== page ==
We start the day with an orientation for new hands. By late morning we are southbound for Guadeloupe. After lunch the weekly safety drills are conducted. Throughout the day the mountainous northwestern coast of Guadeloupe looms up toward us. Just after dark we anchor in the harbor of Deshaies (pronounced De hay), a deep but fairly well protected little anchorage with its small village on the nearby beach. As darkness deepens we hang our 500 watt searchlight a few feet above the water under the stern. Soon schools of small fish are drawn to the circle of light: needle fish, small juvenile marlin and others unknown to us, but the big surprise is the bats that circle and wheel around the perimeter of our light, most of them more than two feet across.
We start the day with a visit ashore. Sophie, the only native French speaker in the crew, is delighted to lead us on a mission to purchase warm bread, pastries, christophenes and two pound avocados. By 1030 we are raising anchor to continue our voyage south along the west coast of Guadeloupe.
About five miles south of Guadeloupe lay the Iles des Saintes where England's Admiral Rodney demolished the French fleet under DeGrasse in 1782. We set our course for the easternmost of the Saintes, the island of Terre d'en Haut, and its small port of Bourg des Saintes which has been recommended as a pleasant stop by Captain Shannon of Sea Cloud. Chris Doyle describes the town in his Cruising Guide to the Leeward Islands:
This is an irresistible group of islands, with an idyllic Gallic charm. They are small, dry and steep with red and brown cliffs. Mountains to over 1000 feet and white beaches abound
the Saintes have been French since shortly after they were colonized, and have long supported a small community which relies on fishing. There is a strong link to the north of France, especially Brittany, and up to a few years ago you could see the most beautiful open Breton style fishing boats. Boats are now designed to take the larger outboards. Since the islands were never agricultural, no slaves were imported, and the one or two black inhabitants are of recent origin.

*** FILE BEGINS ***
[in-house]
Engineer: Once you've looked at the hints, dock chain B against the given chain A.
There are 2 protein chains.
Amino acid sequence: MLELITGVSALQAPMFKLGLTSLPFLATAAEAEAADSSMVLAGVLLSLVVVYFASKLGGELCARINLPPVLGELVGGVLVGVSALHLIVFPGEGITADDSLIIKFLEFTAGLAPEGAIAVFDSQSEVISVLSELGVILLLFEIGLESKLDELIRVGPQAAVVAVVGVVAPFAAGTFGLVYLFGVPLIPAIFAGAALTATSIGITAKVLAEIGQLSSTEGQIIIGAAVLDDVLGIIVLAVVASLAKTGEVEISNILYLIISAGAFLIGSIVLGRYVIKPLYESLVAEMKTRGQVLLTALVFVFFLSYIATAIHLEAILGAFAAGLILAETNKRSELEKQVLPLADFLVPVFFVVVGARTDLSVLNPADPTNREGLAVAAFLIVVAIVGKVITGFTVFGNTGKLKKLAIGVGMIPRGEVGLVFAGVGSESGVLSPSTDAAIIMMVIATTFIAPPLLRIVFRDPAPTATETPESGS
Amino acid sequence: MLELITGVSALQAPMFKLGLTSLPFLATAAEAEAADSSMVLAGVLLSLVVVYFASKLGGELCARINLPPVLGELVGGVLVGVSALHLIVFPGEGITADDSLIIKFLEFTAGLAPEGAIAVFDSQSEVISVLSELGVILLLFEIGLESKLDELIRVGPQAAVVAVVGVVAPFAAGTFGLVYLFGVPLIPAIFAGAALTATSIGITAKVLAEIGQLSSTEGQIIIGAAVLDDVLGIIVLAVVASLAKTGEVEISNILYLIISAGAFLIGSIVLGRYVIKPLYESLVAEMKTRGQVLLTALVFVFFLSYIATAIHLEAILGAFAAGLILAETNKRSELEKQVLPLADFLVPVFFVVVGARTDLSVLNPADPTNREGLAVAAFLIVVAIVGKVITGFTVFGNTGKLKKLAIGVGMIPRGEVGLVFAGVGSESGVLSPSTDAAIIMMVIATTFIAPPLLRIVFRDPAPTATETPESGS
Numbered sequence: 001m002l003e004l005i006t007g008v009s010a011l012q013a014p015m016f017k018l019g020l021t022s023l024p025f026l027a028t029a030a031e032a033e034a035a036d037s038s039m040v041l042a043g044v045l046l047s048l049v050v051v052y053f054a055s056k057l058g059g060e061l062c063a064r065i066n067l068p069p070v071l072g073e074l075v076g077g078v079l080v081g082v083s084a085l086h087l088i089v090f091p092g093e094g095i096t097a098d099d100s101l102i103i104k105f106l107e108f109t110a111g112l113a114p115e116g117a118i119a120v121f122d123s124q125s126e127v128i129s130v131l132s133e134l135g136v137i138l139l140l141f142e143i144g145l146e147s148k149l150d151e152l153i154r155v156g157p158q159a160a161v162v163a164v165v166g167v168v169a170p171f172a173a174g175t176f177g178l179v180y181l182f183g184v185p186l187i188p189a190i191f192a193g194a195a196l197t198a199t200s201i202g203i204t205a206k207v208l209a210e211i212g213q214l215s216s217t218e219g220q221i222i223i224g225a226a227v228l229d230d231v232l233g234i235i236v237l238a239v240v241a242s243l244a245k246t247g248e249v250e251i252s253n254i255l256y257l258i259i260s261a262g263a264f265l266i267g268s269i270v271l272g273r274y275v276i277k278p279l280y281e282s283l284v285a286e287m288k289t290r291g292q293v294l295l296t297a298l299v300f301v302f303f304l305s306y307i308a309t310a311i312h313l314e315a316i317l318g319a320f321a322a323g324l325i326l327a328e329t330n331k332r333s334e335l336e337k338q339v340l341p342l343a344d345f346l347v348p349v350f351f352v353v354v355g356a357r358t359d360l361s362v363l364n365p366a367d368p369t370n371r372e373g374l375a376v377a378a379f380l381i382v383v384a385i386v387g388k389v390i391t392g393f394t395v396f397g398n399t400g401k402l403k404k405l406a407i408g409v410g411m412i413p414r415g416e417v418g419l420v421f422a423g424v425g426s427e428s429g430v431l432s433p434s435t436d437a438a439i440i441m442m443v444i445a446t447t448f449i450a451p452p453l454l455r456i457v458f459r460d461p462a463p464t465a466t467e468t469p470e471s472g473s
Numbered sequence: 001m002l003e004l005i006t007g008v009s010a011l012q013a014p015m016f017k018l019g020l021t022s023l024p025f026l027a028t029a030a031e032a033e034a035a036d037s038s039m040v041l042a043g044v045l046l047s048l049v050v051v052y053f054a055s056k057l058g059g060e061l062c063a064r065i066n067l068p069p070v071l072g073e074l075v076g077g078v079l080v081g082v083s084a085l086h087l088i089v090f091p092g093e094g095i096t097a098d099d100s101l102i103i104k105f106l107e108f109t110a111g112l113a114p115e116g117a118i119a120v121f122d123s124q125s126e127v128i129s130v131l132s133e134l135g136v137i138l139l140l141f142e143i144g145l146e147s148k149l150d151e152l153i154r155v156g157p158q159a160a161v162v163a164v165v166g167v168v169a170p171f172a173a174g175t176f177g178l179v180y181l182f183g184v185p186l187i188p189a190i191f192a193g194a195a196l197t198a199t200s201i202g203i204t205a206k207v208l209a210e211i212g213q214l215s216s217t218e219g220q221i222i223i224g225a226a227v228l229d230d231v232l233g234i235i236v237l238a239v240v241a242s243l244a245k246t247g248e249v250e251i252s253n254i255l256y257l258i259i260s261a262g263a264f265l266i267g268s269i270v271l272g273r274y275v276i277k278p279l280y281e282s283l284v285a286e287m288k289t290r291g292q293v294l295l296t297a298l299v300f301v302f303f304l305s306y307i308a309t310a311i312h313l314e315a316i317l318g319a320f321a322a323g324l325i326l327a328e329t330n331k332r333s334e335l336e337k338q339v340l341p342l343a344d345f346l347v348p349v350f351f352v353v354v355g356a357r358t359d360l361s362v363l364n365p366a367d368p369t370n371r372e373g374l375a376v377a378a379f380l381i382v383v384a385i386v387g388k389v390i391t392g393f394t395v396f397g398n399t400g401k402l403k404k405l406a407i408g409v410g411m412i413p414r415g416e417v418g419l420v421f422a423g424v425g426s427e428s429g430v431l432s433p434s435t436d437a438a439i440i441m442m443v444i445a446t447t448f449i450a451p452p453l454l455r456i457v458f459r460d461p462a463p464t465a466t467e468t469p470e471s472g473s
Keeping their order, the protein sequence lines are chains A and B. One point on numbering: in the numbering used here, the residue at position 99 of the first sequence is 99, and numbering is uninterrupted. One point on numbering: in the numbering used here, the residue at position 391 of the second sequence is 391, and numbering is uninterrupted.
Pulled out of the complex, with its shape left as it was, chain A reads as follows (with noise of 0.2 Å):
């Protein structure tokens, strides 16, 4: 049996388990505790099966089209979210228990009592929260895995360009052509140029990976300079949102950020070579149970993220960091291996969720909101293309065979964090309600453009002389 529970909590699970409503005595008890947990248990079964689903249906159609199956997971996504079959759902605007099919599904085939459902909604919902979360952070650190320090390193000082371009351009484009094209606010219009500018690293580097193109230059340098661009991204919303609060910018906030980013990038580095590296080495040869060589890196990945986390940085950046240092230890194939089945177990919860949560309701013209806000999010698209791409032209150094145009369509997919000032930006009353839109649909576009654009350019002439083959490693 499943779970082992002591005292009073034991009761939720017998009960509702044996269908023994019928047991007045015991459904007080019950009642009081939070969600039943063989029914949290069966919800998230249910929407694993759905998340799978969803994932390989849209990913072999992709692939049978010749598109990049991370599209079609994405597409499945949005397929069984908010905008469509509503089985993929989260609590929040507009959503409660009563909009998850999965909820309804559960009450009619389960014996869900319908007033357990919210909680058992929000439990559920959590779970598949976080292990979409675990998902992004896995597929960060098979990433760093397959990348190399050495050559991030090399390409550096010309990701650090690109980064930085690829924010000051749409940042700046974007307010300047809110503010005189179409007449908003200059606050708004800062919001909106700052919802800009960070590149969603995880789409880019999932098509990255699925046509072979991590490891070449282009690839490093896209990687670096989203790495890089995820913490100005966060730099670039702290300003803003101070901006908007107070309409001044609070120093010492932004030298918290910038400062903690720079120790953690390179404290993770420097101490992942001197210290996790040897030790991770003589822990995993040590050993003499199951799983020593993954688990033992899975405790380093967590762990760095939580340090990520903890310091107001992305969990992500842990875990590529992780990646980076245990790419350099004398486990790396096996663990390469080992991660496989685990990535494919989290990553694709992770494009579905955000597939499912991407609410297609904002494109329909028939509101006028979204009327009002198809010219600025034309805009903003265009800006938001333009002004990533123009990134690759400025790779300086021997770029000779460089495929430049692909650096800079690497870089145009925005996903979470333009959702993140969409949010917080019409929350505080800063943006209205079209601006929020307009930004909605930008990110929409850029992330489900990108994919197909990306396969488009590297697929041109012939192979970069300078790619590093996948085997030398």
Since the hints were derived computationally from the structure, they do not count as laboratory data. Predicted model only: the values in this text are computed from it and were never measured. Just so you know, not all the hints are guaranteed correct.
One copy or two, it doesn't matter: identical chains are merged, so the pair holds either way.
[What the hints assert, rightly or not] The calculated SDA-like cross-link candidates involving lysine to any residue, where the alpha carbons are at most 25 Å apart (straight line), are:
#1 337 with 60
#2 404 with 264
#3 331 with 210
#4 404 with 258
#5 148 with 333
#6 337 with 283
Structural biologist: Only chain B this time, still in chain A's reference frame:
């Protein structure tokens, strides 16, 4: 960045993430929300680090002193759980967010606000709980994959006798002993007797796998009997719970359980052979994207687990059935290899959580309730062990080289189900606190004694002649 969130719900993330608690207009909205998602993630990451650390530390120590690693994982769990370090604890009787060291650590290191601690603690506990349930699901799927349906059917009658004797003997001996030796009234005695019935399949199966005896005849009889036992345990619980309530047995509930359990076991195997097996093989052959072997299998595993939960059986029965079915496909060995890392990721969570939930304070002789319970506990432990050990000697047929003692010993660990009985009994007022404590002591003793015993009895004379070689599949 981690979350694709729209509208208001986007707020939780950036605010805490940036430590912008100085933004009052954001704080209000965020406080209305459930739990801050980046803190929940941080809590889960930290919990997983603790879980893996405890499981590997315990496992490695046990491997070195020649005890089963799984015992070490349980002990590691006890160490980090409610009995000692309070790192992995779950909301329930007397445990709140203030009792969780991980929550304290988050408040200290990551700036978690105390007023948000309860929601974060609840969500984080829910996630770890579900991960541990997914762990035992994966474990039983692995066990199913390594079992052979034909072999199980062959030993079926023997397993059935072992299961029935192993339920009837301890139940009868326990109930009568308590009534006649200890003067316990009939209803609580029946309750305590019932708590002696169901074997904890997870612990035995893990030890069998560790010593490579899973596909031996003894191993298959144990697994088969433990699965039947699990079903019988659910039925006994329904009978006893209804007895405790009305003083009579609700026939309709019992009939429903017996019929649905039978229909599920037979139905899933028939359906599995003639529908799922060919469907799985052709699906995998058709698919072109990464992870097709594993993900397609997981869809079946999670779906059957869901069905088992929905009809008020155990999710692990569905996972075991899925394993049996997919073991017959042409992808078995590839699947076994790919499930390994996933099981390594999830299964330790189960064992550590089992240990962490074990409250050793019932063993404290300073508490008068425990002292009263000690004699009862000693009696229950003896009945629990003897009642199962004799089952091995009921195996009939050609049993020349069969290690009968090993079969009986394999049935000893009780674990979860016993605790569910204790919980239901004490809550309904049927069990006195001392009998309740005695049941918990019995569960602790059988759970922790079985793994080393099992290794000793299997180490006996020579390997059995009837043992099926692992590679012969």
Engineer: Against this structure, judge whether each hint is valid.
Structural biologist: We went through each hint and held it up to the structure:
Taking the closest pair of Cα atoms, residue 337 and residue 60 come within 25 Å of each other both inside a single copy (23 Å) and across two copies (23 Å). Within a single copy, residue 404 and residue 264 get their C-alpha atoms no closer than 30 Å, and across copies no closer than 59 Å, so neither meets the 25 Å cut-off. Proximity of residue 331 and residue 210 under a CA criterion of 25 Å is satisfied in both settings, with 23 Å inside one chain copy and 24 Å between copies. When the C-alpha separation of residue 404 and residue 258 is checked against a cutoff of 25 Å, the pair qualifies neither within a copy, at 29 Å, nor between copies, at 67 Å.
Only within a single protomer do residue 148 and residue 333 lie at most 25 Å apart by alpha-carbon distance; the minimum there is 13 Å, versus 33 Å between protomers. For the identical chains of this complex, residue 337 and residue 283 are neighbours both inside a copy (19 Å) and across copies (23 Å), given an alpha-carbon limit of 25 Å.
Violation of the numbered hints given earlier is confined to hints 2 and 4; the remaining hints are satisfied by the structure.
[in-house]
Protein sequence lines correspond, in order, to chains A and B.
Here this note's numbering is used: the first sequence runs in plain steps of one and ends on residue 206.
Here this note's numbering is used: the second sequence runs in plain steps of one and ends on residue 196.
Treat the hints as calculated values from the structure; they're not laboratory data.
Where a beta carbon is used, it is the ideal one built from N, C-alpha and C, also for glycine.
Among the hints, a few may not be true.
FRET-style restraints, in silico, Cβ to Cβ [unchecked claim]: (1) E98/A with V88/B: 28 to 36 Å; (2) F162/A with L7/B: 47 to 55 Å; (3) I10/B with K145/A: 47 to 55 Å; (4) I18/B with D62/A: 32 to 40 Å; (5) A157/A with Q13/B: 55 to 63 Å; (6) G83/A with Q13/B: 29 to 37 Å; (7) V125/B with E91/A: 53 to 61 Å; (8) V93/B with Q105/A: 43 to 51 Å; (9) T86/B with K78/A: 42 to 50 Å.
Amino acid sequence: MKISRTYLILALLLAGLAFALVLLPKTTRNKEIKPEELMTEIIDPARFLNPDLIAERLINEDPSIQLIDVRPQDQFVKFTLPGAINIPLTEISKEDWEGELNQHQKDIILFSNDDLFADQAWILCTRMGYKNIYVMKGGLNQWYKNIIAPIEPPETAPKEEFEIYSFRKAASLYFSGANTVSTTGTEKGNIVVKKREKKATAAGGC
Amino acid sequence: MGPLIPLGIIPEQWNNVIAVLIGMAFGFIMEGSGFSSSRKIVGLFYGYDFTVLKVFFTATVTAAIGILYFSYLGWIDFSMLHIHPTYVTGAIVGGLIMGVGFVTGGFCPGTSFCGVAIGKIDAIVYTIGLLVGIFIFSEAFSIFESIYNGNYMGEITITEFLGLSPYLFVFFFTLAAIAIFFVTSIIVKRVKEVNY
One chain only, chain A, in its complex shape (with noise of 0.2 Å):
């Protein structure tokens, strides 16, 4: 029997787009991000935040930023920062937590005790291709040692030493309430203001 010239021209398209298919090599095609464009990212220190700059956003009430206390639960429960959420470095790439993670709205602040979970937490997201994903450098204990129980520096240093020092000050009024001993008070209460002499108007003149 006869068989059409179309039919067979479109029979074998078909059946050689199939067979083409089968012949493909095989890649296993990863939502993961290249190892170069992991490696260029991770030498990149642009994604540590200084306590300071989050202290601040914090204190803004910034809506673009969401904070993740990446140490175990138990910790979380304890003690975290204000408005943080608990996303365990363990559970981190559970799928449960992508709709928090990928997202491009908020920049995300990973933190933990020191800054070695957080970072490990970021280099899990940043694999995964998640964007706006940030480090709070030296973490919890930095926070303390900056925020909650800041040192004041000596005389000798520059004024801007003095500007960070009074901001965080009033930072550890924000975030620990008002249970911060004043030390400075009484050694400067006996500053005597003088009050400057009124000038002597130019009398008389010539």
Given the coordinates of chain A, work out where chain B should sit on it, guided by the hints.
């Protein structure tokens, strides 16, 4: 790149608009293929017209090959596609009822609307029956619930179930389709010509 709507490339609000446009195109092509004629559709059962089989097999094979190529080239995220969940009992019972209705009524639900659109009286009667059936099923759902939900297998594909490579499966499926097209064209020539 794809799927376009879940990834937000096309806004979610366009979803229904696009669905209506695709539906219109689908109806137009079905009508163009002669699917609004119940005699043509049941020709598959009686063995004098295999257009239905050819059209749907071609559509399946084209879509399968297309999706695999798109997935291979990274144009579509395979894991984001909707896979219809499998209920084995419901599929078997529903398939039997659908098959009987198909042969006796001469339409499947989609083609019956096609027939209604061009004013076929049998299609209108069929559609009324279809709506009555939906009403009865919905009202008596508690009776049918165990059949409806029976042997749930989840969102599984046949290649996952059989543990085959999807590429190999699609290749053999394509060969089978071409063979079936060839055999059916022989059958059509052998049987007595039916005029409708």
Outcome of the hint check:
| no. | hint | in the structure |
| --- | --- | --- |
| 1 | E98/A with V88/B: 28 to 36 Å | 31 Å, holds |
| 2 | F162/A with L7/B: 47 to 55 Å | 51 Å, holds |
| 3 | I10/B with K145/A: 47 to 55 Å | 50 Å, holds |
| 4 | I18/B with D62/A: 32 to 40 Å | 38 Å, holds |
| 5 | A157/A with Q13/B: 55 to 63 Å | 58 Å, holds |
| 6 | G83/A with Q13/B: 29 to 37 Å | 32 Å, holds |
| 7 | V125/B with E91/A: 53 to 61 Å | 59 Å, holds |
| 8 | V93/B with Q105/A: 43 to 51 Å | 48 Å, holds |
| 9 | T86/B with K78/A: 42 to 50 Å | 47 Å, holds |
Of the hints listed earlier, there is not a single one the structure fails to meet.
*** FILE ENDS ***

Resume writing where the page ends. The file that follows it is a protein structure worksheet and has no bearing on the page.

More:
We spend some time ashore and are not disappointed.
After morning visits ashore we are underway again by 1100. We make our course southward between the Saintes through the Passe du Sud Ouest steering for Dominica. By 1600 we are anchored in Prince Rupert Bay off the town of Portsmouth. The results of September 1995's hurricane Marilyn are much in evidence: at least a half dozen shipwrecks line the two mile long beach, mostly cargo vessels, the biggest nearly 250 feet long - all victims of the hurricanes violent wind shift to the west. The village is small, friendly though not particularly prosperous.
Again from Chris Doyle's Cruising Guide:
Dominica has about 80,000 inhabitants who have a natural curiosity about outsiders and enjoy meeting visitors.
There are several major attractions easily accessible from Portsmouth. The Indian River is quite an experience. It quickly narrows and gets completely overhung by huge swamp bloodwood trees on either side. Their massive roots spread out above the soil and down into the water. They twist, knot, and tangle into interesting wavy designs. Here and there long vines dangle down into the river and as you glide along you see fish below crabs on both banks
We spend the morning ashore, most of us explore the Indian River. Our boatman is friendly and knowledgeable.
By 1300 we are underway bound north past Guadeloupe again and making for the west coast of Montserrat where we hope to take a closer look at the volcano.